The Horn Silver Mine at Frisco had a cave-in that closed the mine for almost a year. The cave-in was expected due to the condition of the ground, and none of the hoisting equipment or surface workings were damaged. (Salt Lake Herald, February 14, 1885)

February 22, 1885
During 1884, the mine hoisted 40,000 tons of lead and silver ore. The ore was loaded in 3,332 railroad cars and shipped to smelters in Salt Lake City by way of the Utah Central Railway. After smelting, the ore resulted in 940 cars shipped, each with 300 bars of bullion. Revenues from the mine were expected to decline sharply during 1885. The mine was being expanded below the 8th Level, with supplies of ore above that level almost exhausted. The ore was shipped to the Franklyn smelter, which was worn out and needed to be shut down for repairs. The mine itself was also in need of additional development to bring it into profitable production, including opening a new Shaft No. 3, to replace the exhausted Shaft No. 1. A railroad spur was needed to allow loading ore from Shaft No. 3. (Salt Lake Herald, February 22, 1885, citing a report in the Engineering and Mining Journal)

(Klein, in his History of the Union Pacific, Volume 1, page 504, wrote that the Horn Silver mine "failed" in 1885, and the Utah Central suffered the loss of traffic of 14,000 tons of bullion shipped.)

(Trottman, p. 202, says the mine "gave out" in 1883.)

(Athearn, p. 286, says that the mine closed in the mid 1880s.)

March 15, 1885
Utah Southern was shipping 150 tons per day from the Horn Silver mine, until it was closed in February 1885. A month later, the railroad announced that it would not be declaring a dividend on its stock because the Horn Silver mine was producing the bulk of its revenue south of Utah Valley. The mine was expected to reman closed for at least another month. (Salt Lake Herald, March 15, 1885)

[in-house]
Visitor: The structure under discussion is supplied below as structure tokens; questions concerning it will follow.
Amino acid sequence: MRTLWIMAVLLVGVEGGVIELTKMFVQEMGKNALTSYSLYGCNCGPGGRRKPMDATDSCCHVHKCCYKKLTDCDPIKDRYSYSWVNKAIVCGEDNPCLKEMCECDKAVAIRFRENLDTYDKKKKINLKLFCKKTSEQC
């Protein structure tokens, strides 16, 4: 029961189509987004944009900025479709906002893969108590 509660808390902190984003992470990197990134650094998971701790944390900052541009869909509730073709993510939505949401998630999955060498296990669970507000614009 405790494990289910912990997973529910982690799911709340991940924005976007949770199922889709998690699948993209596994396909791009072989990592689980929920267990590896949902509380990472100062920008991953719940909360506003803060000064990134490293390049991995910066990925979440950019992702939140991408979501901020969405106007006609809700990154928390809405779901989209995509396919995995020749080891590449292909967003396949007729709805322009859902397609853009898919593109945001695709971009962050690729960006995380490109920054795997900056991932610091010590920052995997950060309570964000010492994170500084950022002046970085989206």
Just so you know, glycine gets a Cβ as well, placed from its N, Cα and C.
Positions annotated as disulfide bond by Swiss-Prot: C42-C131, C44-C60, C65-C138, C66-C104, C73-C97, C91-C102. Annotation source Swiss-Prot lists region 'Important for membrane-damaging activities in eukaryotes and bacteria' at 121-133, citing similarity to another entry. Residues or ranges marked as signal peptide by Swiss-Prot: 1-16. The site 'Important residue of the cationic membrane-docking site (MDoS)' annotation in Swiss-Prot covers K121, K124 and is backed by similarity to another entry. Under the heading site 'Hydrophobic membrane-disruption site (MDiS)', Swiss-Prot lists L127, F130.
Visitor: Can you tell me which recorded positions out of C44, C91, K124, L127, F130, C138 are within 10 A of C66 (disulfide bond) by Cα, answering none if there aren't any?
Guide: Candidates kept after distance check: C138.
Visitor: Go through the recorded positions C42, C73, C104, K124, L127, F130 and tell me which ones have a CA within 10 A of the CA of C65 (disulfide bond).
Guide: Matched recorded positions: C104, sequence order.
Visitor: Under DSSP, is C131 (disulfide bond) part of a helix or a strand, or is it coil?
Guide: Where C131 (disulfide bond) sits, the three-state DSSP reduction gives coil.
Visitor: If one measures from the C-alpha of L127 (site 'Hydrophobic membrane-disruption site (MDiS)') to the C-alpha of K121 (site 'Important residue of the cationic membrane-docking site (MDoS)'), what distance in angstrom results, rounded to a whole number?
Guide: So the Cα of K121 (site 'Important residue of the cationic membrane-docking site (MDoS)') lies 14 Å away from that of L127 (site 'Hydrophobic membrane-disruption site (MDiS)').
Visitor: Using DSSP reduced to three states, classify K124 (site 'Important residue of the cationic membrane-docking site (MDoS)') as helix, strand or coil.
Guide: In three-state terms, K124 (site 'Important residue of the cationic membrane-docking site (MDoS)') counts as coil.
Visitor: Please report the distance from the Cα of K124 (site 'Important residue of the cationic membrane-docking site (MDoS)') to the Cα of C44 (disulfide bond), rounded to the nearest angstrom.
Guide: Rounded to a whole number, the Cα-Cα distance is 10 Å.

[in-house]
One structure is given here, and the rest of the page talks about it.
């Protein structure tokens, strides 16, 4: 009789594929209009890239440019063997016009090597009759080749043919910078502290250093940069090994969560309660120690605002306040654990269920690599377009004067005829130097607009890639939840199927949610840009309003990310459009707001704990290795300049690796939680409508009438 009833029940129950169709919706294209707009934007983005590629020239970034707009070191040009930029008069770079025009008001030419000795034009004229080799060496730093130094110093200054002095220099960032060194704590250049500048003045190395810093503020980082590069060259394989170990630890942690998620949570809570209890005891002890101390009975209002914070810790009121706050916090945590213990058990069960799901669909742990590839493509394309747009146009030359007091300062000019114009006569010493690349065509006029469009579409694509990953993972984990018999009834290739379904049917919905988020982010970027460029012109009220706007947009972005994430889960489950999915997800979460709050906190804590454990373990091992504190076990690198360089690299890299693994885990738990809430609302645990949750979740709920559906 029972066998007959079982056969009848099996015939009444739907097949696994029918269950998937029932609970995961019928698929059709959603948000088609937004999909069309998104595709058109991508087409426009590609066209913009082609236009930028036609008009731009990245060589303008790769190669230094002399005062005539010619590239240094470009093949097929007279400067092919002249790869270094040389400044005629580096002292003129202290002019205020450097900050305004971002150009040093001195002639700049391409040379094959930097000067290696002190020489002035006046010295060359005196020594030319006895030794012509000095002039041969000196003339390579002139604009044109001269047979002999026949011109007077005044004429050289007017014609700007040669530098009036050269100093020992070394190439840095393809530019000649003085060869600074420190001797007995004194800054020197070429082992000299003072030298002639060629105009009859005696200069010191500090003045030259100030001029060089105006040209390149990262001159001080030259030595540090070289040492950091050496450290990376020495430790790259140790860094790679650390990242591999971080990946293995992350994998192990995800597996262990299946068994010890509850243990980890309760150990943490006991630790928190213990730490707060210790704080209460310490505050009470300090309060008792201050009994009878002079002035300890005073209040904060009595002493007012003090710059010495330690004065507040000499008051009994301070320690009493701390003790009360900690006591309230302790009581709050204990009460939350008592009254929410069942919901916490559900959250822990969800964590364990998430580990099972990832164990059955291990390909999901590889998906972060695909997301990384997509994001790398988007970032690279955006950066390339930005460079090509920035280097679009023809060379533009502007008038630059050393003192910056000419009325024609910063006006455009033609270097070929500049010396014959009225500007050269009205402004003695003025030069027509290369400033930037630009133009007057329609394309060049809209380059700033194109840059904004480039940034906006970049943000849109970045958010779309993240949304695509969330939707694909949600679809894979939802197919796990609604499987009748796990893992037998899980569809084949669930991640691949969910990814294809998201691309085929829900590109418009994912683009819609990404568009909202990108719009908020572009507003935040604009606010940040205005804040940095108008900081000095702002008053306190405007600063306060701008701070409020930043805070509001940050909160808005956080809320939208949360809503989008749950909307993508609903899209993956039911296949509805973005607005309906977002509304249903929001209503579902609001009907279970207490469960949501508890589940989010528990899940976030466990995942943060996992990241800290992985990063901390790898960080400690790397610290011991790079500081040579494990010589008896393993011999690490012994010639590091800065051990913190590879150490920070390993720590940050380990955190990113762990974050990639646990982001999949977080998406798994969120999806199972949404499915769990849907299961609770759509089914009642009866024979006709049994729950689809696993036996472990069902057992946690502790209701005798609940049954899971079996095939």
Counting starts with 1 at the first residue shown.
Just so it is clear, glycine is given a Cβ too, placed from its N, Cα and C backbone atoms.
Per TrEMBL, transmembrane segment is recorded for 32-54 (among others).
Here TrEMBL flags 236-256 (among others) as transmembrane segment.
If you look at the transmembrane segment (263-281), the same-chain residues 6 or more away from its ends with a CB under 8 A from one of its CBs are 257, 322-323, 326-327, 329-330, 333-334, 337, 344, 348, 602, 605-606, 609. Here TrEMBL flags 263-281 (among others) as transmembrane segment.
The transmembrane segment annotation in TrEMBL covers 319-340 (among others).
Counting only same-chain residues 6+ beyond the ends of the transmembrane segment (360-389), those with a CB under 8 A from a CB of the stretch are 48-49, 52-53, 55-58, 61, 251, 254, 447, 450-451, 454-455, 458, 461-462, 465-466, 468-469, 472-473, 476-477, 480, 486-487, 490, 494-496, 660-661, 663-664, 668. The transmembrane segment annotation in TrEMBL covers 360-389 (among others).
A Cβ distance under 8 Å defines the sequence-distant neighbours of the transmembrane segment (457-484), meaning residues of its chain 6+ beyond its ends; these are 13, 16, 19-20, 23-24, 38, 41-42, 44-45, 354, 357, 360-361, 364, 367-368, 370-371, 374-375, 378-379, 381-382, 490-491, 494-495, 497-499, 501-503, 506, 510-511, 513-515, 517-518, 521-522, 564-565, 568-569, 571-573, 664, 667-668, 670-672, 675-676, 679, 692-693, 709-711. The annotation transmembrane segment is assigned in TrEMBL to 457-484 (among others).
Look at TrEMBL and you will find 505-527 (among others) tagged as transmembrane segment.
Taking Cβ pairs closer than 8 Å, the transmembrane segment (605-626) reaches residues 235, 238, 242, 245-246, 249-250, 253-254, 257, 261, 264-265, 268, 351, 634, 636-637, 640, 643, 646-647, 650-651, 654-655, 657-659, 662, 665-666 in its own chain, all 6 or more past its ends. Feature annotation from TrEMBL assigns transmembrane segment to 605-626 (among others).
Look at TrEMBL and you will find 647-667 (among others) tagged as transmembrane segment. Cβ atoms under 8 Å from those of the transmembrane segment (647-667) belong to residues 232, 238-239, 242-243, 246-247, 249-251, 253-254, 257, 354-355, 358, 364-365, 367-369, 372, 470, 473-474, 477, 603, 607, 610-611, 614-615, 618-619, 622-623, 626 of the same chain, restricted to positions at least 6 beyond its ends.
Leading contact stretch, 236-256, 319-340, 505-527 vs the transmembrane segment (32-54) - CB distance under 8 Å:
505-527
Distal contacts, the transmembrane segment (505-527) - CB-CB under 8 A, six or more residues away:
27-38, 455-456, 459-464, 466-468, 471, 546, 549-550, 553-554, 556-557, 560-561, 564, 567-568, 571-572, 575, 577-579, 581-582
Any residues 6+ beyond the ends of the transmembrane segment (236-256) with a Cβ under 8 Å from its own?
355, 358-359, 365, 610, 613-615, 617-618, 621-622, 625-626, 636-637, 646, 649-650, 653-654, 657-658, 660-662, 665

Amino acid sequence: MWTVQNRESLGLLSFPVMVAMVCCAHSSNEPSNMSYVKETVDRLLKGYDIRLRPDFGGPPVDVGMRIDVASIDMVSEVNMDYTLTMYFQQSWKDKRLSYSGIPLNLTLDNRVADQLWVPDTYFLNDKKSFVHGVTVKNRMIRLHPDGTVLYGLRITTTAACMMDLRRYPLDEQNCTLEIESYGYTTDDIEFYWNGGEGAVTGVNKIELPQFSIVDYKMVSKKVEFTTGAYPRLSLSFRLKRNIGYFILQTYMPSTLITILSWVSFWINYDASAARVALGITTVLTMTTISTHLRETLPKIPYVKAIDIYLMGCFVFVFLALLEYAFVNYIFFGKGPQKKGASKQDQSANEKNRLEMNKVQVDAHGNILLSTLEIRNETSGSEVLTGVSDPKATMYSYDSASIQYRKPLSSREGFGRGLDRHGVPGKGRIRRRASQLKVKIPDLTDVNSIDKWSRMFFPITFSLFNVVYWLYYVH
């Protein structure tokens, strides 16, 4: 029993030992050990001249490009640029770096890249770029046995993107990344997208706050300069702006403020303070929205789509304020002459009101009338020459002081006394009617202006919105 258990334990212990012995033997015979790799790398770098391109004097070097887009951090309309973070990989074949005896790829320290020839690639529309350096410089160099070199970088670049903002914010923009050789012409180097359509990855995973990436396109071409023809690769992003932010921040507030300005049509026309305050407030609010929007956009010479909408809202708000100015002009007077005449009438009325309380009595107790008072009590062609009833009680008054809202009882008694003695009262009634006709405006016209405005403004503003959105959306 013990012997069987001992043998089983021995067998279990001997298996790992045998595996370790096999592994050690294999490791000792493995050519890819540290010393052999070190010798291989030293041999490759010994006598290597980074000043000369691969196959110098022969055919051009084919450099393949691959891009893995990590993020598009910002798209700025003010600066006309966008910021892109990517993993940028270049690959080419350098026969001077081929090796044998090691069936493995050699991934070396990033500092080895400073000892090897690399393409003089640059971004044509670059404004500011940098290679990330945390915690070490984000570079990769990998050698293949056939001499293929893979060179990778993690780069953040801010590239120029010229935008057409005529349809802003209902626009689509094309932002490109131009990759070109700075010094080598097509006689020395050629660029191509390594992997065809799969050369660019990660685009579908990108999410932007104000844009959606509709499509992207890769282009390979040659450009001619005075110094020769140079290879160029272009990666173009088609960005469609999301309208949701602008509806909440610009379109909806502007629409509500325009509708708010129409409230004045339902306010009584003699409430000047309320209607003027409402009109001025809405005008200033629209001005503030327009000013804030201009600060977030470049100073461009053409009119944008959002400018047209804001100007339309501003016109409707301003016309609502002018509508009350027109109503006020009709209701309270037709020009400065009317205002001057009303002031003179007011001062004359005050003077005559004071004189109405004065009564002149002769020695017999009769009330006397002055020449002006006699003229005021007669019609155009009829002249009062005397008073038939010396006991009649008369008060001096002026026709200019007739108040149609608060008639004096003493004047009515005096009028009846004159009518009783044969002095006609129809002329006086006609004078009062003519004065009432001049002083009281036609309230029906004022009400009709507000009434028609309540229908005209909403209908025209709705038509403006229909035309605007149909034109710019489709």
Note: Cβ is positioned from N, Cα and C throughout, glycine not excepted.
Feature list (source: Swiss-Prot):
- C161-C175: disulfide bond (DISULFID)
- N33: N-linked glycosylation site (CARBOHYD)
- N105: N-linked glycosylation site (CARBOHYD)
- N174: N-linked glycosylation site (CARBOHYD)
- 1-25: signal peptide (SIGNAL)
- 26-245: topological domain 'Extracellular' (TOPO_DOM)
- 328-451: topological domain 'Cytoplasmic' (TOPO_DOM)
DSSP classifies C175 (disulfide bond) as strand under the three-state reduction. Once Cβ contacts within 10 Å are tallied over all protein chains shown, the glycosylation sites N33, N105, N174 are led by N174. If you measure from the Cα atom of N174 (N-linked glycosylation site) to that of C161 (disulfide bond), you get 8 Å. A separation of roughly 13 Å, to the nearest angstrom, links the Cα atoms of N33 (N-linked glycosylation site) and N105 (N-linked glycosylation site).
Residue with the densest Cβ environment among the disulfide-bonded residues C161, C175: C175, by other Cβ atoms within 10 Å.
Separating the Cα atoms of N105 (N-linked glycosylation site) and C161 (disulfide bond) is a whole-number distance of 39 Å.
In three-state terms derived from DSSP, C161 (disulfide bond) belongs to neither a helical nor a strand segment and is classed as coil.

April 6, 1885
A second cave-in at the old workings of the Horn Silver mine also forced the new workings to be closed. (Salt Lake Evening Democrat, April 6, 1885)

June 19, 1885
The Horn Silver mine was shipping 30 tons per day, instead of its usual 100 tons per day. The ore was being sent to the Mingo smelter in Sandy. (Salt Lake Evening Democrat, June 19, 1885)

September 3, 1885
Utah Central is building a new passenger car shed in Salt Lake City. (Salt Lake Daily Tribune, September 3, 1885)

January 19, 1886
The new workings of the Horn Silver mine were still not shipping ore, although the new shaft had been sunk from the 700-foot level, down to the 1400-foot-level. All ore being shipped was coming from development work. (Salt Lake Evening Democrat, January 19, 1886)